Thursday, Jan. 23, 2014 | 7:15 p.m.
Army Sgt. Christopher Bales stood in the living room of his new home as he stroked his beard, trying not to cry.
“Is this stuff mine?” he asked the Pulte Homes contractors amid a crowd of family members.
He looked around the house, at the mounted flat-screen TV in the living room, the king-size bed in the bedroom, the framed vintage American flag, the state-of-the art washer and dryer. They left him half-speechless, his vocabulary dwindled to utterances of “amazing,” and “Oh, my gosh.”
Bales, 38, knew about the home. Pulte Homes and Operation Finally Home told him they had built it for him and his two children as part of a program to honor wounded war veterans and ease their transition to civilian life. But this, this he did not expect.
The two-story stucco home was presented to Bales and his two sons today at an emotional key ceremony. The gift has given him a chance to focus on his children and his new life as a wounded veteran.
“I’ve been planning in my head to squirrel away a little money to furnish it, and I walk in here and the place is a home,” Bales said. “They’ve just gone so far beyond anything I ever expected — just amazing.”
Three years ago, Bales and his squadron went on a sniper patrol in Afghanistan that changed his life.
From his perch in a river bed, Bales and his spotter watched his squadron walk into an ambush. Bullets flew from two sides. The soldiers dropped to the ground and curled into a fetal position for protection, but they were trapped, and he knew the bullets wouldn’t stop.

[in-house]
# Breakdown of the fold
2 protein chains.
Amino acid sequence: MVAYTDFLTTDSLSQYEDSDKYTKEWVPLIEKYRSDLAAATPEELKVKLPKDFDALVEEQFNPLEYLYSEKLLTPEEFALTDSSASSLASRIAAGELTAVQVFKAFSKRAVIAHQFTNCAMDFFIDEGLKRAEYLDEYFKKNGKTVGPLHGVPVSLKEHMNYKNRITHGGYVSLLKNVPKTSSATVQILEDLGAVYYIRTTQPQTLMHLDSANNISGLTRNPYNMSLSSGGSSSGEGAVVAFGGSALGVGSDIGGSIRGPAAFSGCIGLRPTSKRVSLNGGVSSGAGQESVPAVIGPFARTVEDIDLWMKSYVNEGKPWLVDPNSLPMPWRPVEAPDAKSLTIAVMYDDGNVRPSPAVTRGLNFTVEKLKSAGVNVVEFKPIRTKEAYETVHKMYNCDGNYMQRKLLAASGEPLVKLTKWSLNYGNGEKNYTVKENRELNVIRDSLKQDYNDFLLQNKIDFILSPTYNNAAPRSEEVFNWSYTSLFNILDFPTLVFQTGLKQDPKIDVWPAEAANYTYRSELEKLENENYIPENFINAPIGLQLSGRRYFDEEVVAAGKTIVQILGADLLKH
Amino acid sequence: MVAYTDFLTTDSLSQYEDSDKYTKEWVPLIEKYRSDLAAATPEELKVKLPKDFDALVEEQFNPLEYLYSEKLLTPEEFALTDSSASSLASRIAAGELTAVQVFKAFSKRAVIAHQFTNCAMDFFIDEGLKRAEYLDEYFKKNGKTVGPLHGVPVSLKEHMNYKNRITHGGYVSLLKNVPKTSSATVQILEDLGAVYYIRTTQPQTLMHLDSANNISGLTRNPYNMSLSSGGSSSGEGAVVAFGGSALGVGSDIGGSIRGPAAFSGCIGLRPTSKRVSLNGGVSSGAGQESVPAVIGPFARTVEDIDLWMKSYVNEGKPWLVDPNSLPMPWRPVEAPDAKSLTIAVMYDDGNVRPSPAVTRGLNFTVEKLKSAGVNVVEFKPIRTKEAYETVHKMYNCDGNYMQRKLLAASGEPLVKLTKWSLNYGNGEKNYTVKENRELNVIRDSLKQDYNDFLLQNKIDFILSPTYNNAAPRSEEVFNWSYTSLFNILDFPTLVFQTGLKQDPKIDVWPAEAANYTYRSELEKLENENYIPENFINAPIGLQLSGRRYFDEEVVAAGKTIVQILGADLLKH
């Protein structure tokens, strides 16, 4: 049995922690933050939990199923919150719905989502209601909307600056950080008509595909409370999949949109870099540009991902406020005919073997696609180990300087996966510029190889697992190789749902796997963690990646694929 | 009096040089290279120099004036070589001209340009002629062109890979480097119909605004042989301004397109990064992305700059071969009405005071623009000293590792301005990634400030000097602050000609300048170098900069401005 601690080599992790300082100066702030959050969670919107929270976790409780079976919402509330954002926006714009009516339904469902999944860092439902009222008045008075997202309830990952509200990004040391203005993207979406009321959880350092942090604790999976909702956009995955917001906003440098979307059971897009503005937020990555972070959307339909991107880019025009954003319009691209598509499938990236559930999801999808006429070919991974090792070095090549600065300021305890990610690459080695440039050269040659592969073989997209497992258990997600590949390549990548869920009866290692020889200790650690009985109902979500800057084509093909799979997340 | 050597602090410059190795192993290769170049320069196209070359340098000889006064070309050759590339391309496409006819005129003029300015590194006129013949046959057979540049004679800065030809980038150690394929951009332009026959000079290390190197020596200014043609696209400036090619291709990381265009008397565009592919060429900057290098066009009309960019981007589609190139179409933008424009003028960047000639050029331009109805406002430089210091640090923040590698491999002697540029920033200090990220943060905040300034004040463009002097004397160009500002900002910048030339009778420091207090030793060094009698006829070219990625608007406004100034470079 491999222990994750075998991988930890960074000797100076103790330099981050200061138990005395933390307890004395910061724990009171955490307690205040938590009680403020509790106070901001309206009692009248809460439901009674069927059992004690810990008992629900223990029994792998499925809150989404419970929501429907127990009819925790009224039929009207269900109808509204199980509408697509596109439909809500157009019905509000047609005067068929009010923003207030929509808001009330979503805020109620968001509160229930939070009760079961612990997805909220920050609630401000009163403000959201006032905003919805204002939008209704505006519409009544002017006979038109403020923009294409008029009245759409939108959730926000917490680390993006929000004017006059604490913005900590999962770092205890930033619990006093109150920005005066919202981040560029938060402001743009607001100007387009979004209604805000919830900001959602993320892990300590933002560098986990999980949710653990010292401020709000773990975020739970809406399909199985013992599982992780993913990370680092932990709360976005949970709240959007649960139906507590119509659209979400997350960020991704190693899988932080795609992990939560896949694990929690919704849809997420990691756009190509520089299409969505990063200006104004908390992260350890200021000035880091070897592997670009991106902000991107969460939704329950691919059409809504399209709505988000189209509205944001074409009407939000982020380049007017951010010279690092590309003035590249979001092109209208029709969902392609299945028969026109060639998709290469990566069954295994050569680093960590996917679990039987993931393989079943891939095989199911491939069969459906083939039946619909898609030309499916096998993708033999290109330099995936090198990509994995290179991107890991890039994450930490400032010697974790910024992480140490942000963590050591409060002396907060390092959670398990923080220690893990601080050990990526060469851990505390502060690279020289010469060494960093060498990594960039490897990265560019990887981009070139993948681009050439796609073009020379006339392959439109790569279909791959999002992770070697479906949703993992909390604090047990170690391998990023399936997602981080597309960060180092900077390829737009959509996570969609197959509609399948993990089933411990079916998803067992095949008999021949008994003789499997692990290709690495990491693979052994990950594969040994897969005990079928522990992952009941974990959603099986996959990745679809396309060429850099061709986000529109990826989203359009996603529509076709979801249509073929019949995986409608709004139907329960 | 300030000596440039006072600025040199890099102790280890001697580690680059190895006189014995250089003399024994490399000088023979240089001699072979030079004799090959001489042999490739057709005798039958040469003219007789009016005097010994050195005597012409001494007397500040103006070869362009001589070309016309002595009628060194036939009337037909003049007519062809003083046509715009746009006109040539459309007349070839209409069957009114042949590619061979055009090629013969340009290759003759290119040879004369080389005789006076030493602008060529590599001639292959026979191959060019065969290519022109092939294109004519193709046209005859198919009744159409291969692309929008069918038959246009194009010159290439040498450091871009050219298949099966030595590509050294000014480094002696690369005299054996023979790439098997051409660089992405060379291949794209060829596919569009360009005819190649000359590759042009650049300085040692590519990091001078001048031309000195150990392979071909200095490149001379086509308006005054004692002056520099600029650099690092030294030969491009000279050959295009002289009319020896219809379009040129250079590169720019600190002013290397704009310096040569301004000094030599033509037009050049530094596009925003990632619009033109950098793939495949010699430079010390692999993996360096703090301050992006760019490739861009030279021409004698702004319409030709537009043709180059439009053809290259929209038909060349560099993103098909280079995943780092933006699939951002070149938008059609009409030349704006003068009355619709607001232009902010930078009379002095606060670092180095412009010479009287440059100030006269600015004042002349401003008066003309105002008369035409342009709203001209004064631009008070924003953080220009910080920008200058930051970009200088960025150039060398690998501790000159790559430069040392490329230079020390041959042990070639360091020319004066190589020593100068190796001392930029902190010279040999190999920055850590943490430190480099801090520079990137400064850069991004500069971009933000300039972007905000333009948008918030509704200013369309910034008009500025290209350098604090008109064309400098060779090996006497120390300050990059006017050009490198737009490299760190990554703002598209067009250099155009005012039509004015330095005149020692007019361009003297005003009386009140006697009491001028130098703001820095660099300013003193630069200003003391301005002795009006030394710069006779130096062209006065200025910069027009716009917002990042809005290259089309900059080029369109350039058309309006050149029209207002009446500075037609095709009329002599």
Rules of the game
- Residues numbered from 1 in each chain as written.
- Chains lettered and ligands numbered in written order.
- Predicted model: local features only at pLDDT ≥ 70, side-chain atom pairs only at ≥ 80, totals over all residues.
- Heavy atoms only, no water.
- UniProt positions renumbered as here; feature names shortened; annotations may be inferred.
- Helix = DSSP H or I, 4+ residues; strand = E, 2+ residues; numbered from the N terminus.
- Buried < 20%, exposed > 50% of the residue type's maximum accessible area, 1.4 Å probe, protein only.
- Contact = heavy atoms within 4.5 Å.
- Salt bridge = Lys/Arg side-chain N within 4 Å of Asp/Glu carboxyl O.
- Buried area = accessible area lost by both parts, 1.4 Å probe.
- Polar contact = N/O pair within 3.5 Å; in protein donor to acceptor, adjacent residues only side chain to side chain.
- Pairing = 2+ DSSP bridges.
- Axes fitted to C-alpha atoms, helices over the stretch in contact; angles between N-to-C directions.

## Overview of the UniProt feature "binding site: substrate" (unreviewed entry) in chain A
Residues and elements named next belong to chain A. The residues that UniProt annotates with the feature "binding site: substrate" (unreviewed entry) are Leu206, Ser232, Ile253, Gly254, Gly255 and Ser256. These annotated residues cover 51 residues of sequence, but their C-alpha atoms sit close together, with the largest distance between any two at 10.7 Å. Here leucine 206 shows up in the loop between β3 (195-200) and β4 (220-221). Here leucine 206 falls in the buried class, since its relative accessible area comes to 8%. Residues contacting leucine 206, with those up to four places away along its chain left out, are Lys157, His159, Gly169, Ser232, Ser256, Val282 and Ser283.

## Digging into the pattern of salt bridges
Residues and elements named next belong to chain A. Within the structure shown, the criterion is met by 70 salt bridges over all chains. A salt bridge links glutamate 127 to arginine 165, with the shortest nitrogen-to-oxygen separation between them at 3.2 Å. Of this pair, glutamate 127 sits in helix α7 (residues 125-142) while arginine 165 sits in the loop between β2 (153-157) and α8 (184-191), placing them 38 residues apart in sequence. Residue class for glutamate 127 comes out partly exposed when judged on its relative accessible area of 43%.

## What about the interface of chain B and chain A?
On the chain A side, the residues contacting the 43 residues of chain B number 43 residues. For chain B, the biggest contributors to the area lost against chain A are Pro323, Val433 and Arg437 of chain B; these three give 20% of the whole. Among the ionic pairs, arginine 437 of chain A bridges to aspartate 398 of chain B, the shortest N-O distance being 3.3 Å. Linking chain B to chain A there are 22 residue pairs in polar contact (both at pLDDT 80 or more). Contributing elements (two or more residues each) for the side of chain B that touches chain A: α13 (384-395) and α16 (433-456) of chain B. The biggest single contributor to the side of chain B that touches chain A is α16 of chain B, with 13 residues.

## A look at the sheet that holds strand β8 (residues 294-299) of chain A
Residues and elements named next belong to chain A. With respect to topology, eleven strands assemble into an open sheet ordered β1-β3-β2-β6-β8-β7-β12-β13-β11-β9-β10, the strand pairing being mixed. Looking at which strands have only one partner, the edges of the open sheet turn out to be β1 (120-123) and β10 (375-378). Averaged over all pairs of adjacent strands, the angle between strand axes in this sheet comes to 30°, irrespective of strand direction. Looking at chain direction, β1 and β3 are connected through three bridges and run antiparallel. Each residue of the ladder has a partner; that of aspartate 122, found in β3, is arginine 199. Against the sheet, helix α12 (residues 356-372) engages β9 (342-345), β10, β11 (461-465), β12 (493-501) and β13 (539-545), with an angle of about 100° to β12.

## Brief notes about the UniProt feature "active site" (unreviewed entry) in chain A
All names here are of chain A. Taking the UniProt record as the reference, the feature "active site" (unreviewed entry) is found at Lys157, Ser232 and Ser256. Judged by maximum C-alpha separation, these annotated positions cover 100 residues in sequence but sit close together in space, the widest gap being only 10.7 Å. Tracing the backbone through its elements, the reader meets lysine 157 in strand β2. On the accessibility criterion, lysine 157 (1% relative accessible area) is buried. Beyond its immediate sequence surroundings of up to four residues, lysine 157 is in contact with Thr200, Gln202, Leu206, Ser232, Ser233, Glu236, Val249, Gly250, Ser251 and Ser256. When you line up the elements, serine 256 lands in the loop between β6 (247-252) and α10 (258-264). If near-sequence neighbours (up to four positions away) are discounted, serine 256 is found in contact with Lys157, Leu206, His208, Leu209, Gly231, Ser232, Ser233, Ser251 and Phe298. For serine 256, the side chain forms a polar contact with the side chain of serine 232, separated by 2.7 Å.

Without hesitation, Bales and his spotter sprinted from the river bed to draw fire away. It worked, but now the enemy was focused on them. The first bullet struck his lower back like a bucking bronco. The second one pierced his left thigh.
He survived as a hero, but the injuries left him without direction and in constant pain. His left leg suffered nerve damage and is partially paralyzed. He went from being able to run seven miles with gear on to hobbling with a cane. He could no longer serve his country, or teach his kids how to snowboard.
“All he wanted to do is teach his boys how to snowboard,” said Kathi Bales, his mother. “Now that can’t happen.”
The past three years have been filled with adjustments. Rather than dwell on what he lost, he has devoted his energy to spending time with his three sons. They have traveled to Oregon, Tennessee and Northern California, and he spends his days shuttling them to school and football practice.
They were living in a rental home in Coarsegold, Calif., when Pulte Homes and Las Vegas contractors reached out to him about the offer of a new house in Las Vegas. They organized a police escort to carry him in and then presented the house to him during a key ceremony that included speeches from Gov. Brian Sandoval and Rep. Joe Heck.
“Today is about Sgt. Christopher Bales,” said Scott Wright, PulteGroup Division president. “When you think about what a true hero is, it’s Christopher Bales. That’s why we’re proud to build him a home today.”
Las Vegas contractors and Pulte Homes paid for the entire home. Without them, Bales would still struggle to make ends meet. This has eased his worries.
“Just financially this will help him,” said Joel Bales, Christopher’s brother. “It has been a struggle. He has three boys who he loves a lot and wants to be able to provide for them.”
Once the commotion of exploring the new home started to settle down, Bales went to the kitchen to explore the appliances and gift baskets from Pulte Homes. The shock still hadn’t worn off; it still felt like someone else’s home.
Then he peeked inside the refrigerator, pre-stocked with a case of Red Bull, his favorite morning fuel. Standing with family members in the kitchen, he pulled one out, cracked it open and took a swig.
He was finally home.